July 20, 2009
The research, based on analysis of body mass of fish, plankton, and bacteria in European ecosystems, comes just weeks after scientists reported that sheep on a Scottish island are shrinking due to warmer conditions.
The new study, conducted by Martin Daufresne and colleagues from the Leibniz Institute for Marine Science in Kiel, Germany, found that individual species lost an average of 50 percent of their body mass over the past 30 years. The authors say their work "provides evidence that reduced body size is the third universal ecological response to global warming." The other responses are the shift of species' ranges toward higher altitudes and latitudes and seasonal shifts in life cycle events like migration, breeding, and feeding.
The reasons for the shift towards smaller body size in aquatic ecosystems is still unclear. The earlier sheep study suggested that shorter and milder winters mean lambs do not need to put on as much as weight as they once did in order to survive their first year of life, a factor that could also impact fish populations. Nonetheless the researchers say the shift could alter food chains, with apex predators being particularly affected by shrinking prey.
"Although not negating the role of other factors, our study provides strong evidence that temperature actually plays a major role in driving changes in the size structure of populations and communities," the authors write. "Our results suggest that upper trophic levels could be more sensitive to climate warming than lower ones."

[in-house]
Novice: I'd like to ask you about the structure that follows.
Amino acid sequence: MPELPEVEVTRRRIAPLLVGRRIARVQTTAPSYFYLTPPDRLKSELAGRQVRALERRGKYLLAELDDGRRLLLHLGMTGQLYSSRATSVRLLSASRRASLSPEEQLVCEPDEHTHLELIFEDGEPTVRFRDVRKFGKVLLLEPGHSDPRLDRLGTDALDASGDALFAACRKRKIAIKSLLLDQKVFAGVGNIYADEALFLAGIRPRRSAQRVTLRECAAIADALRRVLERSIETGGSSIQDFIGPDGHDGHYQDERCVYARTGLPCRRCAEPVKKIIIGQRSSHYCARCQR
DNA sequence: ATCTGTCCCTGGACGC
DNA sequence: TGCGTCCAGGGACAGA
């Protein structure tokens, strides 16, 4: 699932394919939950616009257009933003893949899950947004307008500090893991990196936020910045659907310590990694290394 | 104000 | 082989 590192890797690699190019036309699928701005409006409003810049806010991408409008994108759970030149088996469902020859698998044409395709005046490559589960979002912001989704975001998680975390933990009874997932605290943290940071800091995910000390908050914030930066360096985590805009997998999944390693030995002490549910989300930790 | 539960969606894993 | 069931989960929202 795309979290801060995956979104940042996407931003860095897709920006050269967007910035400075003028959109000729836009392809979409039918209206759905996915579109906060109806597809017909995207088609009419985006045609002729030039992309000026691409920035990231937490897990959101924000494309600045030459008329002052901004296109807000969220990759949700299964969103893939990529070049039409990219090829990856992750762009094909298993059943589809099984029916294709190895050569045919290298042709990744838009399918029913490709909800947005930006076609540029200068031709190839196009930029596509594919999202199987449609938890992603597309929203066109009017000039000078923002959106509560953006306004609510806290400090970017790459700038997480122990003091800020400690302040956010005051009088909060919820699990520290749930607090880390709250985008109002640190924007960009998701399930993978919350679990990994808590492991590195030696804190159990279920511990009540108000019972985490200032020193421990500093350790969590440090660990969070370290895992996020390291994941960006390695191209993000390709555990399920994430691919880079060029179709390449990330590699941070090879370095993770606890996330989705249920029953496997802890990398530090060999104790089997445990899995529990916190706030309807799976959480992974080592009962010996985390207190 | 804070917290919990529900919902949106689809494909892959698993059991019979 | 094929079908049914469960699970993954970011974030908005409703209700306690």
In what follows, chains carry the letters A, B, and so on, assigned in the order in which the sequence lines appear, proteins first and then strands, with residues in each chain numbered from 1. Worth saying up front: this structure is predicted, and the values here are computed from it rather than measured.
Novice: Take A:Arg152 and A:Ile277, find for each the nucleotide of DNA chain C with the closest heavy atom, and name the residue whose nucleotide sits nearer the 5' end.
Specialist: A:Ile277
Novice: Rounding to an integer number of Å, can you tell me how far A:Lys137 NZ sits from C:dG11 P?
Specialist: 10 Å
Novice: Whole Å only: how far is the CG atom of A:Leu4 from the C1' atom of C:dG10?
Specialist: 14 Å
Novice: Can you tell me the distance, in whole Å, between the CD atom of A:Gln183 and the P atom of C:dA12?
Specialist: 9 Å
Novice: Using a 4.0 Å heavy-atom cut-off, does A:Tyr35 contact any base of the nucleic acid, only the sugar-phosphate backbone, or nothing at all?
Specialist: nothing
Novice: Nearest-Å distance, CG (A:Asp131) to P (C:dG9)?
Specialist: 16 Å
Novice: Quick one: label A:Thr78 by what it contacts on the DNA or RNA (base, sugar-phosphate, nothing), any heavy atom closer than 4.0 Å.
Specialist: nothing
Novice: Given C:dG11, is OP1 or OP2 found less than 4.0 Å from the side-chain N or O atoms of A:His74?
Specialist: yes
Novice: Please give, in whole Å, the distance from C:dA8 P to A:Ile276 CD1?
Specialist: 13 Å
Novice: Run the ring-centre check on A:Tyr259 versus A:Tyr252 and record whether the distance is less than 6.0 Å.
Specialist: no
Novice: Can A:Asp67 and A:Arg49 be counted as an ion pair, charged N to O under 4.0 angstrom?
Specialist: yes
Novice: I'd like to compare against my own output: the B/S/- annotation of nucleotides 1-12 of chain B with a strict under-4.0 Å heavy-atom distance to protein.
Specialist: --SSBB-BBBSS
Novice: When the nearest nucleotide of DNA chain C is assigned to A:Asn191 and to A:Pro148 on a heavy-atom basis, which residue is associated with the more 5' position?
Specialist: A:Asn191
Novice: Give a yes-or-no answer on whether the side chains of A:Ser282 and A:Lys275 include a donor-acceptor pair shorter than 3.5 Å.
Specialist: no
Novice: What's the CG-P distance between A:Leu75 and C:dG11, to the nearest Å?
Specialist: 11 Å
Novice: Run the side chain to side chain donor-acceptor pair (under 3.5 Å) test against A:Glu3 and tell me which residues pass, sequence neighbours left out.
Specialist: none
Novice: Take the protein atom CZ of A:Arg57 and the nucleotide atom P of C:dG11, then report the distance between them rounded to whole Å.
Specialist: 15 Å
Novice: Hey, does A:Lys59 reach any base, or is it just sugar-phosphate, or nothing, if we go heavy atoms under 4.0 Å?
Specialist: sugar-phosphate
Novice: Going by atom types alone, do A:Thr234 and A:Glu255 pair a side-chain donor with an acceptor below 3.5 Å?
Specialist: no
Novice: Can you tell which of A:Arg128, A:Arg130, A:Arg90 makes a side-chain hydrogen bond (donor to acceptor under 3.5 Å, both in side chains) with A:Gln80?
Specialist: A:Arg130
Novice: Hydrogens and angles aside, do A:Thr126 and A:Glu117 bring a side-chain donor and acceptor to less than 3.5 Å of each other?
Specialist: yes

Last week the National Oceanic and Atmospheric Administration reported that the global ocean surface temperature in June rose to 62.6 degrees Fahrenheit (17 degrees Celsius), the warmest since record-keeping began in 1880.
Martin Daufresne, Kathrin Lengfellner, and Ulrich Sommer. Global warming benefits the small in aquatic ecosystems. PNAS Online Early Edition the week of July 20-24 2009
Global warming causes sheep to shrink
(07/02/2009) Climate change is shrinking Scotland's wild Soay sheep despite the evolutionary advantages of having a large body, report researchers writing in the journal Science. The results suggest that the decrease is primarily an ecological response to environmental variation over the last 25 years, rather than evolutionary change.
Extinction, like climate change, is complicated
(03/26/2007) Extinction is a hotly debated, but poorly understood topic in science. The same goes for climate change. When scientists try to forecast the impact of global change on future biodiversity levels, the results are contentious, to say the least. While some argue that species have managed to survive worse climate change in the past and that current threats to biodiversity are overstated, many biologists say the impacts of climate change and resulting shifts in rainfall, temperature, sea levels, ecosystem composition, and food availability will have significant effects on global species richness.